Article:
It is precisely our disempowerment that creates stasis and the age-old sentiment, “What can I do? The problem is too large.”

Indeed, what can we do? In many cases, nothing. But the EcoMind begs to differ.

In this mindset which Frances urges us to adopt, we see connection, not separation. Continuous change, rather than stasis. And we’re not running out of options or supplies: we can create surplus. In fact, according to the UN’s FAO (Food and Agricultural Organization) report Frances cited, the world produces the equivalent of 2700 calories per person per day – far enough to feed everyone.

All burgers are not created equal

Yet it’s not simply a matter of calories. What we eat is just as important as how much, if not more, both in delivering these calories and in producing our food sustainably.

Consider the following infographic:


Almond: Joyless?

Yet it is easy to get distracted. Again – stasis. What can we do? You may have heard the argument that growing almonds is a cause of the current drought in California. What is stunning is not that almonds are water intensive but what is *not* being relayed – that almost half — forty-seven percent — of California’s water is used to raise animals as food. Yet there is almost no messaging on the drought relating it to meat reduction, while almonds are demonized.


Three is the magic number

Given the environmental impact of food choice, and the knowledge that producing plant protein is far less ravaging on the earth, it’s incredibly empowering, in fact, what individuals can accomplish.

Three times a day, we can choose impact when we choose our food.  Not ready to make the change daily?  If US residents participated in “Meatless Monday” — plant-based meals one day per week — it would be equivalent to removing 7.6 million cars from the road.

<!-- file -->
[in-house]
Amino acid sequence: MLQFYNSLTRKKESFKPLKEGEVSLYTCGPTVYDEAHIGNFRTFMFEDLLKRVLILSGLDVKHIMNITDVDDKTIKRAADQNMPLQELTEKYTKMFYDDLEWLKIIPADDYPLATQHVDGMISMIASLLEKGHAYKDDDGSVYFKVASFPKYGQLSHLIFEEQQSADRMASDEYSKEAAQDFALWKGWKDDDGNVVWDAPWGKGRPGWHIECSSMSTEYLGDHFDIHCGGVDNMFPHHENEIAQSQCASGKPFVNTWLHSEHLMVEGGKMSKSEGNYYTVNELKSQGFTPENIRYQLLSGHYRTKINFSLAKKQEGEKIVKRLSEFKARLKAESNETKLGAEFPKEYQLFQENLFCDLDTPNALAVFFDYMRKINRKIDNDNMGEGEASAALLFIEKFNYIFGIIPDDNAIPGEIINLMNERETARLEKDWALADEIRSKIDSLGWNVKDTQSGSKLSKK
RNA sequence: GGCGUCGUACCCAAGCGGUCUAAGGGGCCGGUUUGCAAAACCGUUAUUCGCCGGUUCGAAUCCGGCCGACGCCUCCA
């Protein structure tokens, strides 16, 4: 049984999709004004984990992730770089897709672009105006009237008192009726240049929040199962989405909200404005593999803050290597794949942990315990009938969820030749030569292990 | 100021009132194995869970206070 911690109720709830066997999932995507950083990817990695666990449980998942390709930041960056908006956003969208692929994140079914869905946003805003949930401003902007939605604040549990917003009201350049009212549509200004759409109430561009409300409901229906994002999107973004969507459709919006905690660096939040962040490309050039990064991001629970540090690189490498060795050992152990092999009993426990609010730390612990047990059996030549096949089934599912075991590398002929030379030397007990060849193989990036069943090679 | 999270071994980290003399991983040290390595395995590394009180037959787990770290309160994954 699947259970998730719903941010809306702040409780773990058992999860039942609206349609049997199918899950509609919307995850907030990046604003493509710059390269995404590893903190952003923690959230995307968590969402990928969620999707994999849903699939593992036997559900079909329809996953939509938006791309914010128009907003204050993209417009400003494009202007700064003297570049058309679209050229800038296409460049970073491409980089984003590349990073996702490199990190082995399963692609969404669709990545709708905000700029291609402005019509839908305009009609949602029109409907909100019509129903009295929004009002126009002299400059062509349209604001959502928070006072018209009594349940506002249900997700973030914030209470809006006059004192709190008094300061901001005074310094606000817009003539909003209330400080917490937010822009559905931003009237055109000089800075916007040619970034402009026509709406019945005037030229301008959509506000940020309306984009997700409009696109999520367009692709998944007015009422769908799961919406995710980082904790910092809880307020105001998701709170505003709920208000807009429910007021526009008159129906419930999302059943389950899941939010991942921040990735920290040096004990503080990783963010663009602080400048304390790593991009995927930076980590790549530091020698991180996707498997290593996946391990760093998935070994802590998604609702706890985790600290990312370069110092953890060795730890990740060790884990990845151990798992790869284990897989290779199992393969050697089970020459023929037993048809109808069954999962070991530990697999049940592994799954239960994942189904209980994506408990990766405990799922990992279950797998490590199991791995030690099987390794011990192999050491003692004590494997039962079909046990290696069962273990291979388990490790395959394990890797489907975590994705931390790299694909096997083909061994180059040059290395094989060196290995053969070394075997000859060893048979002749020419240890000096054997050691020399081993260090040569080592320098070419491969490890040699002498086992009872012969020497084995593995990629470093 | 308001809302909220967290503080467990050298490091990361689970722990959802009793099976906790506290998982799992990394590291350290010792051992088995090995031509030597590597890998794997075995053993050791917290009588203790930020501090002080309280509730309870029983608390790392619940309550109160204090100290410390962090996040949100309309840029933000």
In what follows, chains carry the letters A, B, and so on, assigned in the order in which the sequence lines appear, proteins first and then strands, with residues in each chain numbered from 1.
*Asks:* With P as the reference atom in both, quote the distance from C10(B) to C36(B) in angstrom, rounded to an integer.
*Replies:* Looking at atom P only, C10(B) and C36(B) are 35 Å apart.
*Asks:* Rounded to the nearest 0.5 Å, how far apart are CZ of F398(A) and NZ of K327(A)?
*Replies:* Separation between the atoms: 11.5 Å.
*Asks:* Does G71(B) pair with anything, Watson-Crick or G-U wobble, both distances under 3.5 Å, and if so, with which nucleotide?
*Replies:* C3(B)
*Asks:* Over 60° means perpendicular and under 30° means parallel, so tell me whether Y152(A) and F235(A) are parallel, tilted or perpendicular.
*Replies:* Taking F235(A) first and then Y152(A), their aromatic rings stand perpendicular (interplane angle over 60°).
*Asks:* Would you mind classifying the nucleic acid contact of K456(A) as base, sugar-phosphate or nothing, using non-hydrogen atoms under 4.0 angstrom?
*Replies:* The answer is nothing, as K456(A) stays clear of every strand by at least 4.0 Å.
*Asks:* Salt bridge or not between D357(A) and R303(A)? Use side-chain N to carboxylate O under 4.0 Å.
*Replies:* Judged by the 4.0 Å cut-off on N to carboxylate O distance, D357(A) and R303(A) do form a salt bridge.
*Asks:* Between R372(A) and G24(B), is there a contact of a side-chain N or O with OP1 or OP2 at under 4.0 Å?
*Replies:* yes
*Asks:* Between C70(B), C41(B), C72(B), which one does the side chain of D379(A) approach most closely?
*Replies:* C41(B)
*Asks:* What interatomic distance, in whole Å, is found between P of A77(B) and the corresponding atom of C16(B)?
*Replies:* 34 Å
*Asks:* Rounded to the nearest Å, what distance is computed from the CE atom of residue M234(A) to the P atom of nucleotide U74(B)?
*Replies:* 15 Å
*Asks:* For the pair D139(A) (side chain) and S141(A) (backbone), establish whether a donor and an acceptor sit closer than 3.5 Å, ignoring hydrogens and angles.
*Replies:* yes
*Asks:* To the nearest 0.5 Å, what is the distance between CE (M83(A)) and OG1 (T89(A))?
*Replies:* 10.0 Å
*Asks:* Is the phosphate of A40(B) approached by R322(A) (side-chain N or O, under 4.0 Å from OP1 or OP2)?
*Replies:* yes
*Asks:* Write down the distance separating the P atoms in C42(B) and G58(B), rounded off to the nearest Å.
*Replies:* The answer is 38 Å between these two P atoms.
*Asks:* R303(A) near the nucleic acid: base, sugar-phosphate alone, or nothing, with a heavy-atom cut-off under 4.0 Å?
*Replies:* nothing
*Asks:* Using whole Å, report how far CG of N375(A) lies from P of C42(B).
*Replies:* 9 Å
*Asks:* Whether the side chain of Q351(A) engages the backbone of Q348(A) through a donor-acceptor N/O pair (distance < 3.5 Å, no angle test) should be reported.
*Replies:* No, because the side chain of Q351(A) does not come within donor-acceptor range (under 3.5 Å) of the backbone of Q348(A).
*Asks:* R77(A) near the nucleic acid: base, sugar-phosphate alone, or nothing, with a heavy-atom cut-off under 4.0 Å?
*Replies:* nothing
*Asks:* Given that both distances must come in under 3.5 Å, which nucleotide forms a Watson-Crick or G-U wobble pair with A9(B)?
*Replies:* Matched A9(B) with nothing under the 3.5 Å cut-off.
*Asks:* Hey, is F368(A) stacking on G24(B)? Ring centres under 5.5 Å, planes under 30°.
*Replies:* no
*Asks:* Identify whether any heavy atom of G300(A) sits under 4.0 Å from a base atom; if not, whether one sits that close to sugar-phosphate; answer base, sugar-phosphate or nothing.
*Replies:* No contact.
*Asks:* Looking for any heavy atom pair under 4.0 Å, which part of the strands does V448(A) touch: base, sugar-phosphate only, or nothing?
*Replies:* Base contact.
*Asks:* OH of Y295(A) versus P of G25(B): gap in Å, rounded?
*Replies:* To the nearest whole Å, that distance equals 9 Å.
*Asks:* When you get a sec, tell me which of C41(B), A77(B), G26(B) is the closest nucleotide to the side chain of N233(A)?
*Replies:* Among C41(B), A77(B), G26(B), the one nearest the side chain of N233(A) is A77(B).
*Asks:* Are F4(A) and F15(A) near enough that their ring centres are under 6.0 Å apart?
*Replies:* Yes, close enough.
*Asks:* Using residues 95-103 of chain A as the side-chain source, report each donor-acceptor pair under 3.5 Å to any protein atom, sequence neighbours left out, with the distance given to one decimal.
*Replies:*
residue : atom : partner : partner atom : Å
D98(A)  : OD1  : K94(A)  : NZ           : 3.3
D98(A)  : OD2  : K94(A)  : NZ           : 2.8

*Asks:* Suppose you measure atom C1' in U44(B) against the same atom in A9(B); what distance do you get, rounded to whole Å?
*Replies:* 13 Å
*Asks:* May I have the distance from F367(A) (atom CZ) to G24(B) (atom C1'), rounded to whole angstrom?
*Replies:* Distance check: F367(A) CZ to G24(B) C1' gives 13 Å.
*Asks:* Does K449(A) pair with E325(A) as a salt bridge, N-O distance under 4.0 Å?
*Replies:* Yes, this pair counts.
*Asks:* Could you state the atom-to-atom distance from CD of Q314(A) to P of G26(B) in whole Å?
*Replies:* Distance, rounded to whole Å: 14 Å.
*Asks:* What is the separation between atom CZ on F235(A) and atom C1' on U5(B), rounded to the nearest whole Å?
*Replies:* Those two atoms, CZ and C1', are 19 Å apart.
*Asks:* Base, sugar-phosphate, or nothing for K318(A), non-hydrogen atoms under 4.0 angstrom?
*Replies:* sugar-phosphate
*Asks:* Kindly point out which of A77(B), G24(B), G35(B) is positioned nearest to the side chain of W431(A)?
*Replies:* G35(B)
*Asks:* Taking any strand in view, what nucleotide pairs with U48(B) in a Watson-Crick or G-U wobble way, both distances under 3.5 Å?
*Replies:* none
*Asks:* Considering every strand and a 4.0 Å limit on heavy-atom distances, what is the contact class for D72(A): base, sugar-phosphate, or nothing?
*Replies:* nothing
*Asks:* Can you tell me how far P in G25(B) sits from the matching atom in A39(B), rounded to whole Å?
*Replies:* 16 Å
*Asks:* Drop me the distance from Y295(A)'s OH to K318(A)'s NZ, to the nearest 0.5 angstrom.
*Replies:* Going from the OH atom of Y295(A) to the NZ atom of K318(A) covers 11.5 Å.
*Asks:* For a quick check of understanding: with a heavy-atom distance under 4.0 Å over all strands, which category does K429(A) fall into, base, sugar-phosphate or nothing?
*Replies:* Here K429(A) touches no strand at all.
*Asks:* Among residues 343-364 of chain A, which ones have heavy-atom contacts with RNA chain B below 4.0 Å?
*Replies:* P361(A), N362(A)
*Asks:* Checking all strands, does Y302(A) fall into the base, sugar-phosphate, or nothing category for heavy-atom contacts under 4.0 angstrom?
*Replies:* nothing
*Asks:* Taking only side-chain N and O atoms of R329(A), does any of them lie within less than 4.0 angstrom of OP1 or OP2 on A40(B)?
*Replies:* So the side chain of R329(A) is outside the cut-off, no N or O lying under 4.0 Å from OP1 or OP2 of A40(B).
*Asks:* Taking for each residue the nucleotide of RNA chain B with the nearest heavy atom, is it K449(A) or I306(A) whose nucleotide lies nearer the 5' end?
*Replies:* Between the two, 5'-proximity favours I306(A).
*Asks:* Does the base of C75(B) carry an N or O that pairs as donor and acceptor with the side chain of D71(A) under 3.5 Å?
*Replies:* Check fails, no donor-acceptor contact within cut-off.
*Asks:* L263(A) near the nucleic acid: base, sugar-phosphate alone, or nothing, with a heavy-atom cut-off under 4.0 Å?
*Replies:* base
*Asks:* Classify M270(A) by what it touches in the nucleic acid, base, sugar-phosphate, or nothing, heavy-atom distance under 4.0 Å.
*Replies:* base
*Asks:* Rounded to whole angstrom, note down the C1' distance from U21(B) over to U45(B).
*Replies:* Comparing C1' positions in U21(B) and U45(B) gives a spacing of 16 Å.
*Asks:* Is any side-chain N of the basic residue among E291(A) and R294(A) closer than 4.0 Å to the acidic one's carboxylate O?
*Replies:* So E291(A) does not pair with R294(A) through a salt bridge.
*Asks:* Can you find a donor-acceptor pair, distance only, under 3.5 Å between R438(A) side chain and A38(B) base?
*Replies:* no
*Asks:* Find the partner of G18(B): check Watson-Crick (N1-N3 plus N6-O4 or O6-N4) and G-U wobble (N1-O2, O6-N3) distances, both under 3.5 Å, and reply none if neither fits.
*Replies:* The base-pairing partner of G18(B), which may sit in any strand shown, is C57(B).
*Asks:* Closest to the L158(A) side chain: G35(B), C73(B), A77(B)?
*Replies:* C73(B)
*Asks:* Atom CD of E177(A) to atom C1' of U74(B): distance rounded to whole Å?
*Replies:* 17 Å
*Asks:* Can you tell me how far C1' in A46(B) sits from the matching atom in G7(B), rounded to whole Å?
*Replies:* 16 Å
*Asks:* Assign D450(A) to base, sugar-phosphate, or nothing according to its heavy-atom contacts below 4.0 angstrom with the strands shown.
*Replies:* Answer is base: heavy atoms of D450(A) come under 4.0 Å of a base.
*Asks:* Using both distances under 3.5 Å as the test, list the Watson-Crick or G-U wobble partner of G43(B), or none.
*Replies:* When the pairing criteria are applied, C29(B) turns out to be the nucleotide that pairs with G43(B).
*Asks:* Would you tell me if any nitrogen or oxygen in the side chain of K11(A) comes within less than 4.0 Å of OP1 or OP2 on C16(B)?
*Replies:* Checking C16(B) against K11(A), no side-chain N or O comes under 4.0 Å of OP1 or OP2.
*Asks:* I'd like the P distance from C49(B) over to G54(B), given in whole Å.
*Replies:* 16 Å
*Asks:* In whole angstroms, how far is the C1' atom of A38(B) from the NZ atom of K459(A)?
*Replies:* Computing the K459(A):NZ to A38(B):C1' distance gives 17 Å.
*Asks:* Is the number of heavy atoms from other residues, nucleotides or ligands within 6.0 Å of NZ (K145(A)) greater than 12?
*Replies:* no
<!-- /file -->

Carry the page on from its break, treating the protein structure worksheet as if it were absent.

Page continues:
And, bonus: by choosing animal-free foods one day a week you can prevent 1 billion farm animals from suffering the heart-wrenching conditions they face in factory farms and give yourself a collective pat on the back for chipping away at the 9 billion farm animals raised and killed for food each year in the US alone.

Fitting for a talk about food and the environment, the EPA kindly provided a meatless meal using locally distributed Delight Soy’s fantastic BBQ heaped into a bun with coleslaw and baked kale. The soy, like almost all tofu, is non-GMO (in fact, roughly 88% of soy is grown to feed animals for food). And – it’s delicious.

We applaud the EPA’s promotion and celebration of meat-free options, and gotta love the Texas BBQ signage:


Last chance for the “possibilist”

On our trip to the airport, I told Frances that I used to think people didn’t care, but after interviewing countless people for a documentary on animals and food, and a decade of outreach, I concluded they do care. She lit right up, and said, “I am so glad you feel that way. That is what I believe.”

And it is hope, or the state of being a “possibilist” as Frances described herself, that keeps her actively advocating for change even in what she called her “final lap.”

Every bit counts, and even the EcoMind can be fostered in ourselves and our community through incremental change.